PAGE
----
He sees his photography as a form of collaboration, anyway, so it’s only appropriate that his collaborators should have some kind of say on the results. And he uses a similar argument to justify working in the celebrity world – one that many see as epitomising glamour over substance. “When I quit photojournalism and started working in the film industry, a lot of my friends would tell me I was obsessed with celebrity and that I’d sold out. They were right, I suppose,” he says with a wry smile. “I had sold out.” He’s unapologetic about it, though. “These are extraordinary people with an extraordinary view of the world. Johnny Depp, Thom Yorke, Gary Oldman… they’re creative powerhouses. It’s an amazing privilege to collaborate with them.” These collaborations often extend beyond the photographic studio, too. Last year, after photographing Mr Mike Tyson, he became an equity shareholder in Tyson Ranch, the ex-heavyweight champion’s cannabis company, which is currently building a 400-acre, weed-themed resort in the Californian desert. “I take CBD every day,” says Mr Williams. “I’m a real believer. I feel the happiest and most content I’ve been in years, although,” he swivels his head, acknowledging his surroundings, “there are a lot of other reasons for that.”
Mr Williams, it emerges, is something of a serial entrepreneur. The styling product used in his hair for this photoshoot is from Saunders & Long, a men’s grooming brand that he launched recently with two old friends (the eponymous Messrs Nick Saunders and Jonathan Long) and the German model-slash-influencer Mr Johannes Huebl. Meanwhile, our refreshments on this early summer’s day include a Virgin Mary mix from Longbottom & Co, a company Mr Williams co-founded with another old friend, Mr Ed Bathgate. He’s particularly excited about the Virgin Mary, which was recently picked up by an airline. “I drink more tomato juice than any other drink when I’m on a plane, for some reason, so I’m excited to see how it goes,” he says. Perhaps unsurprisingly, Longbottom & Co already has the unofficial backing – immortalised on black-and-white video footage recorded on Mr Williams’ iPhone – of about half of the Hollywood A-list.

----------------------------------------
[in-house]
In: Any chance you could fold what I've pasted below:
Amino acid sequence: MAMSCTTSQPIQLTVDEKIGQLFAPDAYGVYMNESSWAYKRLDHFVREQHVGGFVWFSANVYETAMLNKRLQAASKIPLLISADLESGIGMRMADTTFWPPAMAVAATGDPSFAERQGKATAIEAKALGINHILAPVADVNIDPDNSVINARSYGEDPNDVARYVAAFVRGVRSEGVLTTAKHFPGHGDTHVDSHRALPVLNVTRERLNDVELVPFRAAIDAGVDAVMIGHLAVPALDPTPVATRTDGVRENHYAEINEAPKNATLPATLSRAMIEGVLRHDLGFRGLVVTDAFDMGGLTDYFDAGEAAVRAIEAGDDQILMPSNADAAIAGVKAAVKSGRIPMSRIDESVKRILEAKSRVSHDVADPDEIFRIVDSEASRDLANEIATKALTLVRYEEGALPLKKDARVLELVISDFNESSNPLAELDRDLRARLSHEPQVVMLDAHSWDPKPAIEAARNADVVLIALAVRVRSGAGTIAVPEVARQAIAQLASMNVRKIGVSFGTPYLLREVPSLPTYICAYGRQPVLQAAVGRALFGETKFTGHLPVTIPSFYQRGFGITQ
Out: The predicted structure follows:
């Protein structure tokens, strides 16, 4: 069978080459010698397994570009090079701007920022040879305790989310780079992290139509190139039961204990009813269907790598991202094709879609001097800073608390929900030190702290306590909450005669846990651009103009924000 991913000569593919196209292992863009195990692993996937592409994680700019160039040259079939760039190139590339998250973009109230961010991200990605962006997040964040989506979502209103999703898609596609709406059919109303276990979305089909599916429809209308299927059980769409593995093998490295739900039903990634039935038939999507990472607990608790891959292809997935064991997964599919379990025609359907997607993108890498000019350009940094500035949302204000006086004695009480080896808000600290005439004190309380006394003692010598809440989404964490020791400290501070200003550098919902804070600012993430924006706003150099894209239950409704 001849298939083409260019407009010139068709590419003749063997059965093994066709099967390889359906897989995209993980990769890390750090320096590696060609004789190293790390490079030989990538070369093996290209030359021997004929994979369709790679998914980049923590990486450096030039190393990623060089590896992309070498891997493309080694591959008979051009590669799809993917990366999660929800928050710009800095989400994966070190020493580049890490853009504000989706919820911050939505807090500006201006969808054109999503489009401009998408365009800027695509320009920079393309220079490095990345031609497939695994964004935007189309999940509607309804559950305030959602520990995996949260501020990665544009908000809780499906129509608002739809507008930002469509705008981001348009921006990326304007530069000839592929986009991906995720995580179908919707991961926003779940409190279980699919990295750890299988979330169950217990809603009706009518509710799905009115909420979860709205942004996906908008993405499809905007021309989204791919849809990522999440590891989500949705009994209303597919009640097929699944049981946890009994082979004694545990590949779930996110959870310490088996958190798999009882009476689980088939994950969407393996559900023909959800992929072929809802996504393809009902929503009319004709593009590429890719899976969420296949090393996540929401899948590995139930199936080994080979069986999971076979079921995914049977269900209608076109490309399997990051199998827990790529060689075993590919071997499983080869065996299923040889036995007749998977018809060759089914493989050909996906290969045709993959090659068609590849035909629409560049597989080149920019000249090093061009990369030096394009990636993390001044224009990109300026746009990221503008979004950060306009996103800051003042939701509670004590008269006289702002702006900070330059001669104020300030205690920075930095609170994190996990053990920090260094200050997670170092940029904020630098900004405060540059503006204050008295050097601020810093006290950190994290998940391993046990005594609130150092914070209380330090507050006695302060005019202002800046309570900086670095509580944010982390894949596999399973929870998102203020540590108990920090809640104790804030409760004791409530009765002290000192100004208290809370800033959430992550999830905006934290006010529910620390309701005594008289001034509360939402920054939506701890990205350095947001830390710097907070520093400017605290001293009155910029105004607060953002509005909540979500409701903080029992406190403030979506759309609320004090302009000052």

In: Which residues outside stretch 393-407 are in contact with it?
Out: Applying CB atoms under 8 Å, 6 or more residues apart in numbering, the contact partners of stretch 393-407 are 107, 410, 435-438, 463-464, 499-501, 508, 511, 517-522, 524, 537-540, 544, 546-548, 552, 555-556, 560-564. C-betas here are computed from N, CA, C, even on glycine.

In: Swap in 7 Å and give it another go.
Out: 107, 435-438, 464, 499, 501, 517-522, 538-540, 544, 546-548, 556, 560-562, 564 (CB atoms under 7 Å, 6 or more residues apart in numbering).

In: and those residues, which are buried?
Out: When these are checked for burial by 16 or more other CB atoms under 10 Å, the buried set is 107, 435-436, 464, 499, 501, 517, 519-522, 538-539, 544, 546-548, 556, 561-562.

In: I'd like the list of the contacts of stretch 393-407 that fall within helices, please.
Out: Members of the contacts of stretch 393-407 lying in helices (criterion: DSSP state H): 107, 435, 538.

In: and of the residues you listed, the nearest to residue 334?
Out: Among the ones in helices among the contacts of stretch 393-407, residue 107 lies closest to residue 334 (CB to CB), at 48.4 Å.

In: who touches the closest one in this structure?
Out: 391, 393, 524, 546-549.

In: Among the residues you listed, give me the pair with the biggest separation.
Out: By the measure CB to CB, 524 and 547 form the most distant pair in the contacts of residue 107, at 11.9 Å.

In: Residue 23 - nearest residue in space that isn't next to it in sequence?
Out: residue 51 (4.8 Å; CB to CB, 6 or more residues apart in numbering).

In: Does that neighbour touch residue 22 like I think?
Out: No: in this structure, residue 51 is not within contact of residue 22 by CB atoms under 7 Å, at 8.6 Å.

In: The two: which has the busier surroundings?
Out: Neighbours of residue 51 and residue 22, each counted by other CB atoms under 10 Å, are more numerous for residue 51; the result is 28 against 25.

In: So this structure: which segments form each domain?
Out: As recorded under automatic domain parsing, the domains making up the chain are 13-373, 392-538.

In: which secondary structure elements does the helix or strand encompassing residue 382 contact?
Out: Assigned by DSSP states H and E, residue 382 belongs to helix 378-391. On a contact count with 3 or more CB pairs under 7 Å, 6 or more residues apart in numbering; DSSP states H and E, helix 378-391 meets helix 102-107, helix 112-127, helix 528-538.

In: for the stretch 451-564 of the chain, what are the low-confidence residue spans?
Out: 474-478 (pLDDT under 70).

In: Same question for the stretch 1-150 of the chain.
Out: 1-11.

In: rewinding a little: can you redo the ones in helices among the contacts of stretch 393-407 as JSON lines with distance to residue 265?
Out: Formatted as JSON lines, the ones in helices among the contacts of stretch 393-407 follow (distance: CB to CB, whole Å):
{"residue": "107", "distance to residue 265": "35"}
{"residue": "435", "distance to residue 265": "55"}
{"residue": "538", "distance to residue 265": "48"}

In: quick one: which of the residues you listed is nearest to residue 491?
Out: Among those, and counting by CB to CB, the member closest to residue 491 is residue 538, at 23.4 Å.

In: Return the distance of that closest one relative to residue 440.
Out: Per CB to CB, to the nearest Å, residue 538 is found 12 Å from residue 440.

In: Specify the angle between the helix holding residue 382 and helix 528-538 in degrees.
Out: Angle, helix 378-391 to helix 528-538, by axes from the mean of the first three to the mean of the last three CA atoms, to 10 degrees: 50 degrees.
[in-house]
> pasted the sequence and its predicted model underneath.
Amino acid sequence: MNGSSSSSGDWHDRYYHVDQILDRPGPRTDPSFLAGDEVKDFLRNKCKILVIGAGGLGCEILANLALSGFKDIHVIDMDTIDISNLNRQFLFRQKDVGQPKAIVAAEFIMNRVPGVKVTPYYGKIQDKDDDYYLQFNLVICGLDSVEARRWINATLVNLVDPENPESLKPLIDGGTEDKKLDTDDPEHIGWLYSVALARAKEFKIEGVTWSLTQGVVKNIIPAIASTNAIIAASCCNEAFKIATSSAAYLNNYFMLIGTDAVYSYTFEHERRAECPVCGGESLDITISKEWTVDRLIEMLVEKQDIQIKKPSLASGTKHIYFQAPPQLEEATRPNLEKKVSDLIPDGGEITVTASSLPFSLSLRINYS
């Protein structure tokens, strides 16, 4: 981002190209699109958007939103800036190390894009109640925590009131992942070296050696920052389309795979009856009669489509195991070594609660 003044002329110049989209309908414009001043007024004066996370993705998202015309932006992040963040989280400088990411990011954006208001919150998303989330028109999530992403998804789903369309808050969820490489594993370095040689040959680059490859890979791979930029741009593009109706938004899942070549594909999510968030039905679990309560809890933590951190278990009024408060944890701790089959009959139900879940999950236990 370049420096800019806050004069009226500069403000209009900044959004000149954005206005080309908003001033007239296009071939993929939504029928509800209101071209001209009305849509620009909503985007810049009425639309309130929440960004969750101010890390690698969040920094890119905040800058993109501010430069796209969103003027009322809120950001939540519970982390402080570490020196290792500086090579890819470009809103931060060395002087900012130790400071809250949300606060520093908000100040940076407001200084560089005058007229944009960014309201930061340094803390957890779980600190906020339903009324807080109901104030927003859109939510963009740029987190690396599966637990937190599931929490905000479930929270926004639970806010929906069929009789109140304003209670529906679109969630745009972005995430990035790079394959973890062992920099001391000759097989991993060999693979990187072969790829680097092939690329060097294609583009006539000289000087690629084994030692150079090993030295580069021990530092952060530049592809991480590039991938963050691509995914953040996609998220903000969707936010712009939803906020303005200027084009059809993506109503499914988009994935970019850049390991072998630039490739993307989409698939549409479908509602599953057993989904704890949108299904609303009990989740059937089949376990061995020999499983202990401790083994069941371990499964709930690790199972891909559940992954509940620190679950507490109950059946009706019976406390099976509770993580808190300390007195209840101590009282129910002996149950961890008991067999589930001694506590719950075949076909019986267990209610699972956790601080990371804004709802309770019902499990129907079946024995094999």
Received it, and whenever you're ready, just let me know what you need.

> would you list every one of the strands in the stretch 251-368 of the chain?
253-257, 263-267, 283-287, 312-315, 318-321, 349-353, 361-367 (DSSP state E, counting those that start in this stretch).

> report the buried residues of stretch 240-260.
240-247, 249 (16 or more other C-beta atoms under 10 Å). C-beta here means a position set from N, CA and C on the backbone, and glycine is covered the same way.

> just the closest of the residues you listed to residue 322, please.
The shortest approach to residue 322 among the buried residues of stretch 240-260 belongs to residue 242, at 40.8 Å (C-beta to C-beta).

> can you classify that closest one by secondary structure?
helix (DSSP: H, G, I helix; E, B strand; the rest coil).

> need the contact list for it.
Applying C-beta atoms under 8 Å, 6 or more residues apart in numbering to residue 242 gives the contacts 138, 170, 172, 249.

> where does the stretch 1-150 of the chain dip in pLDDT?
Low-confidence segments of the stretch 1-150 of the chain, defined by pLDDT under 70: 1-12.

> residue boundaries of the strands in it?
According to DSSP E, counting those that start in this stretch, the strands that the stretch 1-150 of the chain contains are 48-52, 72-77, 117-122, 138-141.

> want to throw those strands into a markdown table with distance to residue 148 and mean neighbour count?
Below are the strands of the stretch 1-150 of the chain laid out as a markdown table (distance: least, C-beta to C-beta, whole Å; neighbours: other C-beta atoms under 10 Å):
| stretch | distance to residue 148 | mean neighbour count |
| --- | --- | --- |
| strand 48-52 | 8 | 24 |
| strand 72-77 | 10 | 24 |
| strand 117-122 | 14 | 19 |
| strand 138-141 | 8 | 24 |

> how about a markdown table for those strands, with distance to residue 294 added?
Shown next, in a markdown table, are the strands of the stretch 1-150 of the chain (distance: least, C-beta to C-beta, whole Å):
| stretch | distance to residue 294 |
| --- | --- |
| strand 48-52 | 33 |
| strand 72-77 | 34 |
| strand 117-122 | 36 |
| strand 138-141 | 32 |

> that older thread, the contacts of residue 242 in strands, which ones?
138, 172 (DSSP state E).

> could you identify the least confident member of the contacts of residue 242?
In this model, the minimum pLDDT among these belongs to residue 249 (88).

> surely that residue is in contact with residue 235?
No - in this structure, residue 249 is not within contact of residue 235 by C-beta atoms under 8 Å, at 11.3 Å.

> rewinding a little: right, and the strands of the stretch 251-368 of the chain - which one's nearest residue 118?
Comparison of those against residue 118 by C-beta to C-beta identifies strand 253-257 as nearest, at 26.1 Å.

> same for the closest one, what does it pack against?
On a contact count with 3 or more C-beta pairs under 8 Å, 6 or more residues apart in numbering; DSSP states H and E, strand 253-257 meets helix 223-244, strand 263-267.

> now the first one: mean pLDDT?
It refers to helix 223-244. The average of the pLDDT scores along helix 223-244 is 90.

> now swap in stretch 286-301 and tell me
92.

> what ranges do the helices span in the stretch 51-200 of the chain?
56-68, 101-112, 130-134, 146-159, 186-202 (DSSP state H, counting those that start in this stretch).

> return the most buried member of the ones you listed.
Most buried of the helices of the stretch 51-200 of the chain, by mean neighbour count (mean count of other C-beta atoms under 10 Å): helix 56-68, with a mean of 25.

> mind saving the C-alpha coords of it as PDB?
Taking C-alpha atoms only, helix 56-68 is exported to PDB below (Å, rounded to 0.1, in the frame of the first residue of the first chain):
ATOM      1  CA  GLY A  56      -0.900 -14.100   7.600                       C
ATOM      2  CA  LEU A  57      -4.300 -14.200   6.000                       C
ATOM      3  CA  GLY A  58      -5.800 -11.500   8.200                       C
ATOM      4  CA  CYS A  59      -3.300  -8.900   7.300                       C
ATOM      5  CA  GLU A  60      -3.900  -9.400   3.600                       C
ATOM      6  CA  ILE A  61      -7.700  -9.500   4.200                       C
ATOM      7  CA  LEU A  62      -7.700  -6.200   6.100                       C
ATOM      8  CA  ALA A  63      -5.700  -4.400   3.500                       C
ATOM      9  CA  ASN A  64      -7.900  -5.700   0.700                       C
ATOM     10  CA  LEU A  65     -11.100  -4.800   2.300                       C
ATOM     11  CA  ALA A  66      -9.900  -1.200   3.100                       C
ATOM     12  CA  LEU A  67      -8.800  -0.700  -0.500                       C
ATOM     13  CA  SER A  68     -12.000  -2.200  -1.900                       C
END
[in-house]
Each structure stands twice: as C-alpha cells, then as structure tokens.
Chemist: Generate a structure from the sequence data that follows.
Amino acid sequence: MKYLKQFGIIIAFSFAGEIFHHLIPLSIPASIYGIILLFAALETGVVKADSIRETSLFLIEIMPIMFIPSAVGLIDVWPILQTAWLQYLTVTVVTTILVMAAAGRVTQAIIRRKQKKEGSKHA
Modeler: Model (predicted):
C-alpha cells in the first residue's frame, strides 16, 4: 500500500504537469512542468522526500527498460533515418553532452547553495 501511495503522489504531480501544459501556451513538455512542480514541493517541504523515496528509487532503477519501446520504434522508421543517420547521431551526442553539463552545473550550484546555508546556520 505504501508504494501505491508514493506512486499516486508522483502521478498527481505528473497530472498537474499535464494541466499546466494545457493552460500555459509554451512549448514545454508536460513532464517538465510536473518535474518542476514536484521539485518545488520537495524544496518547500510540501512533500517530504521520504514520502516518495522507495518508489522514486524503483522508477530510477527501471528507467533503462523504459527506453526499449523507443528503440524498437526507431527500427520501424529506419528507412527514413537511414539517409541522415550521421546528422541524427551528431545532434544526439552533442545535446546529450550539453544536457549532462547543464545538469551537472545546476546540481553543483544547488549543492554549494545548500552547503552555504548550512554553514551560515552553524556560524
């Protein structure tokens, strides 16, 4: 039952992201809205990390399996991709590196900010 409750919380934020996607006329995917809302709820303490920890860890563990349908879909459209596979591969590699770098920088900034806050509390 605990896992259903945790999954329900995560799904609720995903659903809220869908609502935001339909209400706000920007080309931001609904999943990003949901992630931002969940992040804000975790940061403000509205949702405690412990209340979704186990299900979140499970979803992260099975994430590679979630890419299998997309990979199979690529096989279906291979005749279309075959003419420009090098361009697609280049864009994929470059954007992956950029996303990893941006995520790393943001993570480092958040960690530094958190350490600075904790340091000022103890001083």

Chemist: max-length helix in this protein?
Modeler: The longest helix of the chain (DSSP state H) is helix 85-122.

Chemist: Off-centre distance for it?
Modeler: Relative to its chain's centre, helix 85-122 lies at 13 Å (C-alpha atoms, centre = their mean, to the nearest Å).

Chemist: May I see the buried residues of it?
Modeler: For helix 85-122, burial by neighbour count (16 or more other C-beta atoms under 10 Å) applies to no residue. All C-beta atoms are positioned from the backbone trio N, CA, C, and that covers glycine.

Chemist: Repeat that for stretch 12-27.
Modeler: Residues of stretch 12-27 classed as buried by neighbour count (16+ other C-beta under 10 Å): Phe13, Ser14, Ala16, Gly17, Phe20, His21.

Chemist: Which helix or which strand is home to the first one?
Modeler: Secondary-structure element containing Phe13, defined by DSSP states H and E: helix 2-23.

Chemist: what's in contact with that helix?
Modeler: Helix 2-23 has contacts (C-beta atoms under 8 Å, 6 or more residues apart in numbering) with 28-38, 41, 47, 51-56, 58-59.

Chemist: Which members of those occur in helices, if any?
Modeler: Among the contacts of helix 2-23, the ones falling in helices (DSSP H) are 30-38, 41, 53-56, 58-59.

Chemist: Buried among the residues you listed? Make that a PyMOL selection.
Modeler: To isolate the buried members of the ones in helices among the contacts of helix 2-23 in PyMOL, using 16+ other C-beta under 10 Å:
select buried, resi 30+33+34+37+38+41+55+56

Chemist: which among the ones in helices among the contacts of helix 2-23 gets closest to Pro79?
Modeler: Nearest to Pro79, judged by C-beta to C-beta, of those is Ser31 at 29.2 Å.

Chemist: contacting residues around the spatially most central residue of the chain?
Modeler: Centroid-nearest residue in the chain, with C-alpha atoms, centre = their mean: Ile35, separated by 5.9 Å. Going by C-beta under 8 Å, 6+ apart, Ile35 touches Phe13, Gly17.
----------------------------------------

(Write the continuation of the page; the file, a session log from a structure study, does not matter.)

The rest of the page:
Mr Williams says he’s a firm believer in the law of attraction, which states that positive thoughts manifest themselves in positive outcomes: “If you tell yourself that you’re going to do something, the world will let it happen.” Of course, he acknowledges that it’s not quite as simple as that; you can’t just wish a happy and prosperous life into existence. It takes hard work, sacrifice and calculated risk, too. But the last few years have been tough for Mr Williams, both personally and professionally, and what he’s really trying to say is that he wouldn’t have any of this – the house, the family, the success – if he’d ever stopped believing in himself.
Besides, the events of the past year have seemed a little too neat, too perfect, not to suggest some sort of predeterminism or greater force at work. By way of example, he recounts the story of how he met his fiancée. Thirteen months ago, on the very same day that the builders left the premises after finally completing renovations on his home, he had a chance encounter with the person he would go on to share it with: the model, Ms Eliza Cummings. A few months later, she was pregnant; another two months later, they were engaged. A few weeks ago, their son, Wylder, was born. Now the sun is out, and the grass is growing just as it should. “We’re getting married at the bottom of the garden this summer,” says Mr Williams, gesturing to a quiet spot just beyond the lake. Everything seems to be in its right place.